One is the fear of stylistic contagion: some writers, especially beginning writers, have a tendency to mimic the style and even the themes of whatever admired writer they happen to be reading. Another is not wanting to feel intimidated and discouraged: sometimes the gap between masterful literary writing and one’s own writing makes one’s attempts seem hopeless.
Conversely, it can be galling for an unknown writer to read a critically or financially successful book that doesn’t seem all that good. All three of the responses I just outlined—“I want to do that,” “I could never do that,” and “Hell, I could have done way better than that”—are, obviously, the result of reading as a would-be writer, and indeed as a competitor, instead of simply as a reader. I am guessing that you have not completely found your own voice yet, or become very self-confident.
It may be that, unaware of your own motives, you are taking a break from literary fiction as a protective measure. This is not a terrible idea, at least for now; but I would suggest that you still try to read good literary writing at least some of the time. It doesn’t have to be modern fiction. Great nonfiction and classic fiction can keep your overall standards up, nourish your soul, and polish your style without leading you too far into odious comparisons. And classic novels almost always come with vivid settings and linear plots and a certain amount of suspense, so they can work just as well as “trash” if you are after entertainment and escape. I am thinking Dickens, Tolstoy, Austen, George Elliot, Thomas Mann. Maybe Stendhal if you want to stretch your muscles a little more. Poetry can work, too, and of course the King James Bible. After a while, say six months, I suggest that you get back to reading at least one contemporary literary work every month or so, to keep your hand in.
Or you may simply not like literary fiction any more, which can certainly happen, especially in the years right after leaving school. This is fine, especially if by “literary fiction” you mean writing that tends toward the obscure and experimental, and by “trash” you mean accessible and/or genre fiction. As Duke Ellington, Louis Armstrong, and Rossini have all reportedly said about music, there are really only two kinds of writing: good and bad. So read what you like, most of the time (I would still read at least one lit fiction book every month) but lay off whenever the “trash” in question really does seem trashy: dishonest, mean-spirited, sloppily written, or so trite that it fails to hold your attention. I am talking here about the kind of fiction that gives you more numbness than real pleasure while you are ingesting it and then leaves you feeling as if you skipped dinner and ate a family-size bag of potato chips and three Choco Tacos.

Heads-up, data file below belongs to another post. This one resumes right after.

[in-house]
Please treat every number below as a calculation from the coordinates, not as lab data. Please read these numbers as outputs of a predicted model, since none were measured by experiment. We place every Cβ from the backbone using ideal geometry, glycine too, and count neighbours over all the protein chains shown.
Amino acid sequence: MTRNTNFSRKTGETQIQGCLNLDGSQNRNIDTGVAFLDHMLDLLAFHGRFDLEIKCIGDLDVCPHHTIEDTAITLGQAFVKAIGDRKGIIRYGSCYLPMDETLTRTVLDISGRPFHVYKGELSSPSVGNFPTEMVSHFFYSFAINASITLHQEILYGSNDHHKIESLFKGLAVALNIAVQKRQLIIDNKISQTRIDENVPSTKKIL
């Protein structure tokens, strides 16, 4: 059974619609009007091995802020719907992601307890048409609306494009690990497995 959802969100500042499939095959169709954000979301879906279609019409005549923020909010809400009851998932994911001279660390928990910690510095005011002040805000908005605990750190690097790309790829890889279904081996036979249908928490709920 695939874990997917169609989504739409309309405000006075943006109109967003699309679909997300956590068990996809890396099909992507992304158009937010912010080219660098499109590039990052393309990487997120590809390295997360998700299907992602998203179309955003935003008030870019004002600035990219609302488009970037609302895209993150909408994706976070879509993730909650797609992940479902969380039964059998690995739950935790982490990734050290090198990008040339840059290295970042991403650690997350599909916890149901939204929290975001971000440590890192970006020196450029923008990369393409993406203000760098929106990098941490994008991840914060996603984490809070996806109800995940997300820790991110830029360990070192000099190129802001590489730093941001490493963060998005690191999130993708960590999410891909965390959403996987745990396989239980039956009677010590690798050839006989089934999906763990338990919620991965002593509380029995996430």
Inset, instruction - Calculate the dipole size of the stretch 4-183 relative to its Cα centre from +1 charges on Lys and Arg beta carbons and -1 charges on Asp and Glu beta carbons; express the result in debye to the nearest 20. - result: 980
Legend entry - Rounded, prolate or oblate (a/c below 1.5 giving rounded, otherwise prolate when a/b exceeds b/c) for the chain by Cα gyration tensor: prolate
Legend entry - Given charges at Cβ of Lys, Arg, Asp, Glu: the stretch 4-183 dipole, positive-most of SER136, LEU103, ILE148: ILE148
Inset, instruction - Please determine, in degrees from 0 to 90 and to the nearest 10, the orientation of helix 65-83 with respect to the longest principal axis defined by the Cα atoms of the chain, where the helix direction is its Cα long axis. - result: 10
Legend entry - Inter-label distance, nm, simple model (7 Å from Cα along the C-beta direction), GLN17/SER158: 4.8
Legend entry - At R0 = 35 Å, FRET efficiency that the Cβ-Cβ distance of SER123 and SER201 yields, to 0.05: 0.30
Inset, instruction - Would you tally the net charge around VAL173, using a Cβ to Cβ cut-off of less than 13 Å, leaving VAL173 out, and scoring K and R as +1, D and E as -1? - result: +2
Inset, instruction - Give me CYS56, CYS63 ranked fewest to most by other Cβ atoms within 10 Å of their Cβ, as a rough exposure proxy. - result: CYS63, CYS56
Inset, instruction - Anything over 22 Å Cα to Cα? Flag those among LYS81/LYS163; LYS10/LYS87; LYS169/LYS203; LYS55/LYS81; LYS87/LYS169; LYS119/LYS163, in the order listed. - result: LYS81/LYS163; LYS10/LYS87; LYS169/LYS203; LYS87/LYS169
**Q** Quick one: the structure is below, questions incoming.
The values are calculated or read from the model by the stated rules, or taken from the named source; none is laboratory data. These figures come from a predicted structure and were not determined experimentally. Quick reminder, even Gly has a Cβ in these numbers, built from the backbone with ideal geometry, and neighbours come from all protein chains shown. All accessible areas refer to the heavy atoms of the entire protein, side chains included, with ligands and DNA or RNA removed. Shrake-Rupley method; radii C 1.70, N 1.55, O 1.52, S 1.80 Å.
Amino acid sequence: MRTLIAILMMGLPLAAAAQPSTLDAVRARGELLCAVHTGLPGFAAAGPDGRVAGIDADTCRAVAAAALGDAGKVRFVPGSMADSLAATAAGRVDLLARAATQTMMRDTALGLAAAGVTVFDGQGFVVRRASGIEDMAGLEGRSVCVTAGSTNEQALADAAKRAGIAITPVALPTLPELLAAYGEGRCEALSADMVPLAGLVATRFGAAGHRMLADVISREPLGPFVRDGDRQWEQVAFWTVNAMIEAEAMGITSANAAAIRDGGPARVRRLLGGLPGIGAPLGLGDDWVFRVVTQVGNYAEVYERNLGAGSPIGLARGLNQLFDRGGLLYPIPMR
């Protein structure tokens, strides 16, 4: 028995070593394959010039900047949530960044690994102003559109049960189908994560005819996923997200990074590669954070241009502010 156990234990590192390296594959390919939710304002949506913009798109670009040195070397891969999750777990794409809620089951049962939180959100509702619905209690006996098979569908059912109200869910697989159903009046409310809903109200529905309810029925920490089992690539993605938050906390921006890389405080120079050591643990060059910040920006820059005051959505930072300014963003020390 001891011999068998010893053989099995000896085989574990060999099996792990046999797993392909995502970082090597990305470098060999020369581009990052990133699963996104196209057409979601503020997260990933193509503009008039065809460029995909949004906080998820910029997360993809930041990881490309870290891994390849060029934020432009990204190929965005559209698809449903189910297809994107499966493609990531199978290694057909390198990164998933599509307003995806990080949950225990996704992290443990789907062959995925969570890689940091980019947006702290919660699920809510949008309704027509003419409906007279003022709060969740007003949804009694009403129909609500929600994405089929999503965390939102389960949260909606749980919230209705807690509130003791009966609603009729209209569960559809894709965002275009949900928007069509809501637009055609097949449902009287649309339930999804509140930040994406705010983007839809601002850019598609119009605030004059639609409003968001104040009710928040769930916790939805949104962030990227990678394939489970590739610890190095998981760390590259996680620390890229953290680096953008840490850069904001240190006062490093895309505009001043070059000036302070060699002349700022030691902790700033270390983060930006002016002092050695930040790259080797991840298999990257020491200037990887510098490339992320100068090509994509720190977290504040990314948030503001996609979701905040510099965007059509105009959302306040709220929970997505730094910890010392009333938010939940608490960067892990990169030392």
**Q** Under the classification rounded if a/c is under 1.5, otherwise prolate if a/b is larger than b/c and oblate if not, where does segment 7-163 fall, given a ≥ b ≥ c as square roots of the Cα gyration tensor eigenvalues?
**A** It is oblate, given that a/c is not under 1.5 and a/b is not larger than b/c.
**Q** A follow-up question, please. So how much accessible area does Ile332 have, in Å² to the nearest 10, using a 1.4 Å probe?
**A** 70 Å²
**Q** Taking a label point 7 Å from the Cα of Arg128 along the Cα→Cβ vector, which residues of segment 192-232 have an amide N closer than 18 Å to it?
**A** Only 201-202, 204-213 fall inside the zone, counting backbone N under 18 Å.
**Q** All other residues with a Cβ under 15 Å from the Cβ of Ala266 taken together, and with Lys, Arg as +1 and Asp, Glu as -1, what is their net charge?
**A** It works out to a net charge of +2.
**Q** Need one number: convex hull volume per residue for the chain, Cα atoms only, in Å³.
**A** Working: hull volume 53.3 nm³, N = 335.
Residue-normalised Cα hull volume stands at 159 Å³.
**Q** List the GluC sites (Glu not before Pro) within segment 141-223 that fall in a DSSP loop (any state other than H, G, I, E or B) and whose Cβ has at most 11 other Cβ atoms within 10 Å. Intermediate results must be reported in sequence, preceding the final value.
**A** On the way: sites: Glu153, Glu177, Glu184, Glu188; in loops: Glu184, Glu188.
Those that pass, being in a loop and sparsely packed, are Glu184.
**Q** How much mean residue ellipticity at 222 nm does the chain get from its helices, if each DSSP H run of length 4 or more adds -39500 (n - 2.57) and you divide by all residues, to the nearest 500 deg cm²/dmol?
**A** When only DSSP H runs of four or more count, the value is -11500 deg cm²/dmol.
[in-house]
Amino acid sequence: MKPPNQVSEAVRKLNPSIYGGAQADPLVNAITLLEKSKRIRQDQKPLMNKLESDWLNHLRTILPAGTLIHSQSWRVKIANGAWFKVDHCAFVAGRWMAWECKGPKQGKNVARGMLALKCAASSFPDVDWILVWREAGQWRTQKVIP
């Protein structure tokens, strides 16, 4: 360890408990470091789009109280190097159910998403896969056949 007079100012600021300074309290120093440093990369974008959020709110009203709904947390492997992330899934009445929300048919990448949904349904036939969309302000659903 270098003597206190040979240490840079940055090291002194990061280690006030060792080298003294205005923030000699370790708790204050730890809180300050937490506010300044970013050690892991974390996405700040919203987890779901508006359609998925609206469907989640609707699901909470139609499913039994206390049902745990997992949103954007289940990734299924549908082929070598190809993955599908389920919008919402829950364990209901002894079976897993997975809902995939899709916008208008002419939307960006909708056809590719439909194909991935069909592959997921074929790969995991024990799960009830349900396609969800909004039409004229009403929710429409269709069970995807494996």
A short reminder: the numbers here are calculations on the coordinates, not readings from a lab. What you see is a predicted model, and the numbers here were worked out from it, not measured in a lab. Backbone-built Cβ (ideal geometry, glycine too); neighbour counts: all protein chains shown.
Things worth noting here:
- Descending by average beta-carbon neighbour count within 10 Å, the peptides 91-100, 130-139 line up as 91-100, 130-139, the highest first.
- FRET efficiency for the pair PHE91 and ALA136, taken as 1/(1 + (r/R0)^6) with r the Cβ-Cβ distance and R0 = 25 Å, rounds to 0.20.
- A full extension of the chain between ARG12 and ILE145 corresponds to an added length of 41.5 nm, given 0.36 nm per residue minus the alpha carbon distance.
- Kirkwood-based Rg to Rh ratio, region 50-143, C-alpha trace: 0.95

I can think of one more possible explanation for your recent aversion to literary fiction: are you depressed? Discouraged? What you perceive as laziness may be one aspect of dysthymia or even major depression. Are you losing interest in other activities you used to like? Are you less motivated than usual to make the initial effort even when you know the result will be satisfying – not just getting into a challenging book, but getting out of bed go running, shopping for a complicated meal, planning an event, taking on new work? I do realize that not wanting to tackle Infinite Jest at the end of a long workday is not usually cause for concern about a possible mood disorder. But for a writer who used to take pleasure in reading ambitious fiction, the question is worth considering, especially if this seeming lassitude carries over into other areas.
There remains the question whether, if you are not just depressed or subject to one of the difficulties I mentioned earlier, but actually have just lost interest in literary fiction, you should be writing the stuff. I don’t really understand why you would want to. What’s it like to reread your own drafts? But if you do want to keep writing literary fiction, and enjoy doing it, and are good at it, and believe that your work has value and will interest other people even though you might not buy it yourself, I can’t see why not. Don’t read too much bad writing, though—literary or nonliterary. (If you are one of the hordes of writers who have to do so to earn a living, inoculate yourself as best you can, with great literature or great “trash.”) Low standards are highly infectious.
Cleaver’s in-house advice columnist opines on matters punctuational, interpersonal, and philosophical, spinning wit and literary wisdom in response to your ethical quandaries. Write to her at AskJune@Cleavermagazine.com. Find more columns by June in her attic.
Image credit: daniele paccaloni on Flickr